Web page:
As I wondered about this I remembered a paper my mom bought at a gift shop in the Black Hills of South Dakota. It said, “Don’t judge a man until you’ve walked a mile in his moccasins.” It hung where we could see it, over the door going out to the garage in one house, over the stairs to the basement in another. We talked about it at the dinner table. What did it mean? The “moccasins” mattered because of my family’s ties to the Crow Indians. The upshot? We’re not all the same. Be kind. (Back then “man” = human with no particular gender connection) Some of us wear moccasins.

Remembering those days — early 60s — things were very violent in parts of this country and bad guys were running government offices here and there. I remember sitting in the car listening to the radio when MLK was speaking and my parents discussing what was going to happen in Alabama and what it meant. It tied to that paper hanging in our house. It was part of the moccasins. The next year, the Civil Rights Act was passed. Did it fix things? Absolutely not. Did it help? It gave African Americans a position for legal redress which is important in a country ruled by laws.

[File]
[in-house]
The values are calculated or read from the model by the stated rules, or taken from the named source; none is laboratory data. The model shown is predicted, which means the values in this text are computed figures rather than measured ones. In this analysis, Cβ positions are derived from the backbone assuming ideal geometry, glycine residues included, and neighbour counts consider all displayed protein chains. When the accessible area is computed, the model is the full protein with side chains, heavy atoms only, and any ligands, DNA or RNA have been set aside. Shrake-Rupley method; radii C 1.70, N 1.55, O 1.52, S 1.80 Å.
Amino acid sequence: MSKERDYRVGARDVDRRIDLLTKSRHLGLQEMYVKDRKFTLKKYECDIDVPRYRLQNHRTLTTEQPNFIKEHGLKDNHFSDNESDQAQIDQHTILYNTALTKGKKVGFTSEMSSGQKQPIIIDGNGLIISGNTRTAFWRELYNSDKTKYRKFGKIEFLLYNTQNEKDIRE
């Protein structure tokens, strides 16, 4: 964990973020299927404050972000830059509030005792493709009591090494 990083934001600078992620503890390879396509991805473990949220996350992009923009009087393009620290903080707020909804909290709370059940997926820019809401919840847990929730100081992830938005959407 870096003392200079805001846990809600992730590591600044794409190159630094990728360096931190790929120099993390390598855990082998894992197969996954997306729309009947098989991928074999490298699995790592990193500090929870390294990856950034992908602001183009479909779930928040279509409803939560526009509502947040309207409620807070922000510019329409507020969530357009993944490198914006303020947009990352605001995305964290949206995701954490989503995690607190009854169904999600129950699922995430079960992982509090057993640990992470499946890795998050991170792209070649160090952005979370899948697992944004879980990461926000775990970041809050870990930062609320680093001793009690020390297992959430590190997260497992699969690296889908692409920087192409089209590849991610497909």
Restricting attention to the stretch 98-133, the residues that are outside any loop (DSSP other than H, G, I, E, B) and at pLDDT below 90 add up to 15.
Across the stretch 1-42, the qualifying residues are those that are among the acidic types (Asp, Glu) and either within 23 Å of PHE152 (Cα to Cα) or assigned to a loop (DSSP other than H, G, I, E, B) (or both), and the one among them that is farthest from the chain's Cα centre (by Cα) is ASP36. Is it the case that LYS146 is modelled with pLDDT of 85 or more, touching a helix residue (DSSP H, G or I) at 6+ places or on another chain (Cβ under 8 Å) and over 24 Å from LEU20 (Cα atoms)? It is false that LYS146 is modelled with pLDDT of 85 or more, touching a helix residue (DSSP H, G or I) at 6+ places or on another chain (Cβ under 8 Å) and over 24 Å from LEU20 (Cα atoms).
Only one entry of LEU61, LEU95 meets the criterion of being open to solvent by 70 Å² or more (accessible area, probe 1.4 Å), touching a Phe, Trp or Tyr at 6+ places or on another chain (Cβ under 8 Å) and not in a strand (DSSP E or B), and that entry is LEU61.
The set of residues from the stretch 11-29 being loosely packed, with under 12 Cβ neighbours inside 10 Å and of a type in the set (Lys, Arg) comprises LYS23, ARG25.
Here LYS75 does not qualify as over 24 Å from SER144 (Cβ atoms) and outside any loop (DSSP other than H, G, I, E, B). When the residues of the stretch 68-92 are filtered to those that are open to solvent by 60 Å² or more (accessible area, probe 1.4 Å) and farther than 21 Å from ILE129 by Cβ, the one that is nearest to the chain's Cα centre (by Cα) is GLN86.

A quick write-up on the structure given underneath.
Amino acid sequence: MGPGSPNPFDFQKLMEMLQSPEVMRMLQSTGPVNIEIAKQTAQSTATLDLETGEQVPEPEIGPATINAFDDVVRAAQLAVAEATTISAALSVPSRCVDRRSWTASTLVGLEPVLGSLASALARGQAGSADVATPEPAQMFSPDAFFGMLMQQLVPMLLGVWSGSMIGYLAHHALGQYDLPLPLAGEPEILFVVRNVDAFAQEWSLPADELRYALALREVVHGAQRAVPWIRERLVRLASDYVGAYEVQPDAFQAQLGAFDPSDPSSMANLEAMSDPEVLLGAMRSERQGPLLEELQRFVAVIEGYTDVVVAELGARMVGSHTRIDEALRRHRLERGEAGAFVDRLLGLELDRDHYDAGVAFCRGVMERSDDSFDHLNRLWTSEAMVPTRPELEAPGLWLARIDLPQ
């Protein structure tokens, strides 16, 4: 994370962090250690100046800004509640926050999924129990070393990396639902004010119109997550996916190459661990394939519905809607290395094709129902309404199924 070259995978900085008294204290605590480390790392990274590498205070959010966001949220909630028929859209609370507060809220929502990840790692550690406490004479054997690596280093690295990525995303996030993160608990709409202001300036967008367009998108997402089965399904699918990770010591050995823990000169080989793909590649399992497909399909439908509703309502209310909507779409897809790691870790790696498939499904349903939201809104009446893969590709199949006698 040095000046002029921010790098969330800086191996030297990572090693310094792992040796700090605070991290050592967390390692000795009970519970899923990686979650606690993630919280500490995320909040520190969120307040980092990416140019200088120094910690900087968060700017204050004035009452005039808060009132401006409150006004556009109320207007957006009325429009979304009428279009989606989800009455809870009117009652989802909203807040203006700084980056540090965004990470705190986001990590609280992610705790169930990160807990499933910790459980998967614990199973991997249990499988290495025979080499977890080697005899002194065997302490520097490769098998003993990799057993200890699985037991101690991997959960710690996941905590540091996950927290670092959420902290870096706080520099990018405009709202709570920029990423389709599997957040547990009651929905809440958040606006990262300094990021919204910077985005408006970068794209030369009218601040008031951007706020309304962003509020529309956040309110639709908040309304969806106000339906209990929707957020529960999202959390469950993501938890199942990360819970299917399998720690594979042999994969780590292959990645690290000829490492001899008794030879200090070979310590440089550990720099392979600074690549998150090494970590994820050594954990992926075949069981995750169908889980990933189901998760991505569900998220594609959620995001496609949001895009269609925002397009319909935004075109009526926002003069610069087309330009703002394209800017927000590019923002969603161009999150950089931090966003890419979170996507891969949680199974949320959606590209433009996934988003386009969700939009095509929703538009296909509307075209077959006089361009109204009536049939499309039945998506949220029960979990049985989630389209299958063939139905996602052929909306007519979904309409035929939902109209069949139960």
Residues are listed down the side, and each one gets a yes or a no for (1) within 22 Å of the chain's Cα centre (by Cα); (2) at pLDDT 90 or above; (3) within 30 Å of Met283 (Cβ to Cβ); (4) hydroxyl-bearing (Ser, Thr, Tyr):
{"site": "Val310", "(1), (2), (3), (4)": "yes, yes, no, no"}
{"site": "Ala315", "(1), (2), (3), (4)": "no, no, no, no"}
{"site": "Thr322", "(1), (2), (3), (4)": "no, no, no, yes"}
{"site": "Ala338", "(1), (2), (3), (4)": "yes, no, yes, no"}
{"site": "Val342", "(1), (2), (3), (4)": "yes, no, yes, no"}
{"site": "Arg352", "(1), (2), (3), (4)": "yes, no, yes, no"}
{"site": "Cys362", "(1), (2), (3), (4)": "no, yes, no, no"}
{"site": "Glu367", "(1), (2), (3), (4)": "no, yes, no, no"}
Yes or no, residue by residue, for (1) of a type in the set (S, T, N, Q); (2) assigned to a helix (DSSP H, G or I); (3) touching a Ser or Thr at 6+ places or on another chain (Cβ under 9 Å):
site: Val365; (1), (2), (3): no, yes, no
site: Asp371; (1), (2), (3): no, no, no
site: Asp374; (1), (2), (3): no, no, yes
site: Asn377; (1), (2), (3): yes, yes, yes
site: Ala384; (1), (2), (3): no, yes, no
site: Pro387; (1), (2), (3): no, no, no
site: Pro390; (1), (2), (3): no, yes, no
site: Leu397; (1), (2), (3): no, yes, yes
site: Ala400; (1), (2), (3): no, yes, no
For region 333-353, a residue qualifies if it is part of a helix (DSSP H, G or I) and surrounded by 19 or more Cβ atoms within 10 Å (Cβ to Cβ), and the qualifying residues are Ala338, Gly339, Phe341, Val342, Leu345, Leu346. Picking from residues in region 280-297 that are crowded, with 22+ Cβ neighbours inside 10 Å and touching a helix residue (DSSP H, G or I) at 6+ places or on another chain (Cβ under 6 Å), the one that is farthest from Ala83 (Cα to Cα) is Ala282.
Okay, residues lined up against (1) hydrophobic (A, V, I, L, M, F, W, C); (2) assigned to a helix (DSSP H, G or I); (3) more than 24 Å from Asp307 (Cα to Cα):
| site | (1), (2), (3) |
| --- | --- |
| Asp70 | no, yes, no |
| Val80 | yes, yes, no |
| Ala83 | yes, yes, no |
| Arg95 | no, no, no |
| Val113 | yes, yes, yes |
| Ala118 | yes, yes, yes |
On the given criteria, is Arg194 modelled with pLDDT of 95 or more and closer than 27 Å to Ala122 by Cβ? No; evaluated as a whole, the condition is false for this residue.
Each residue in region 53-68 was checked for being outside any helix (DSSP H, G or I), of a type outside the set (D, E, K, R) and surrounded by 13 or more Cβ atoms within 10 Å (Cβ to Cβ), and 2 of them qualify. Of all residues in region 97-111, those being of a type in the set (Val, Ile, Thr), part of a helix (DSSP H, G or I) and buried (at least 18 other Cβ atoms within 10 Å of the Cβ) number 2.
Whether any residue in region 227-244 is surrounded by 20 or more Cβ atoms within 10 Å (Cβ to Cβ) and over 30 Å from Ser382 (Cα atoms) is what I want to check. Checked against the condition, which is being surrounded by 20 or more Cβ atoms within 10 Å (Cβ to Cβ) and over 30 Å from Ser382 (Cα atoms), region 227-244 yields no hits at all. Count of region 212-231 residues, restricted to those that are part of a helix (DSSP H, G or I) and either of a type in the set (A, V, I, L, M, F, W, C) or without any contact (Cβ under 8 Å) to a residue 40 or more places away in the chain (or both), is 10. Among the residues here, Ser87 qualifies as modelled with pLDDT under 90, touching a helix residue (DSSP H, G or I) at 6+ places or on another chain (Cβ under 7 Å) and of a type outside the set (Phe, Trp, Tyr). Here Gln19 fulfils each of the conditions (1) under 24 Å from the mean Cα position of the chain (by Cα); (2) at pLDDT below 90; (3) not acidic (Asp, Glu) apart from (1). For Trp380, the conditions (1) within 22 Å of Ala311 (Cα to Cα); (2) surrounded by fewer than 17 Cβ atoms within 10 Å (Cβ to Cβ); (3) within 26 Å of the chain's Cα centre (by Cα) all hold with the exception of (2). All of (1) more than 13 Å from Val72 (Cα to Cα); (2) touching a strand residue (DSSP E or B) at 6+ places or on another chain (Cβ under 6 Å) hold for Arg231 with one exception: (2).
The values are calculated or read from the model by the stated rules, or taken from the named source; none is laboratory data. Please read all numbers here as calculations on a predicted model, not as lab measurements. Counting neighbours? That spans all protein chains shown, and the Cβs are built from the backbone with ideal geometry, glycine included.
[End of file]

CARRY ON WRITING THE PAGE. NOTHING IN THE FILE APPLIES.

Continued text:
Yesterday I read a short essay by historian Heather Cox Richardson about women winning the right to vote. There was (as usual?) an optimistic tone to her writing, praising the historical courage of women fighting for the right to vote. She ends her essay with, “And …150 years after [Susan B.] Anthony cast her vote—those of us who have not been cut out of the right to vote by one or another of the measures states are now imposing on their voters can exercise that right, and determine what our nation will look like, once again.”

I just thought of the women who don’t seem to mind that TFG said it was OK for him — because he was famous — to “grab [a woman’s] pussy”, women like the representative from my Congressional district and others — Nikki Haley, MTG, Kristi Noem, etc. Then I thought, “Yeah, that women voting thing worked out great.” It’s not about gender or skin color; it’s about values.

So…yay mom in Salida trying to teach her sons to be kind. Keep at it and good luck.

Boundaries in the Bark of Beyond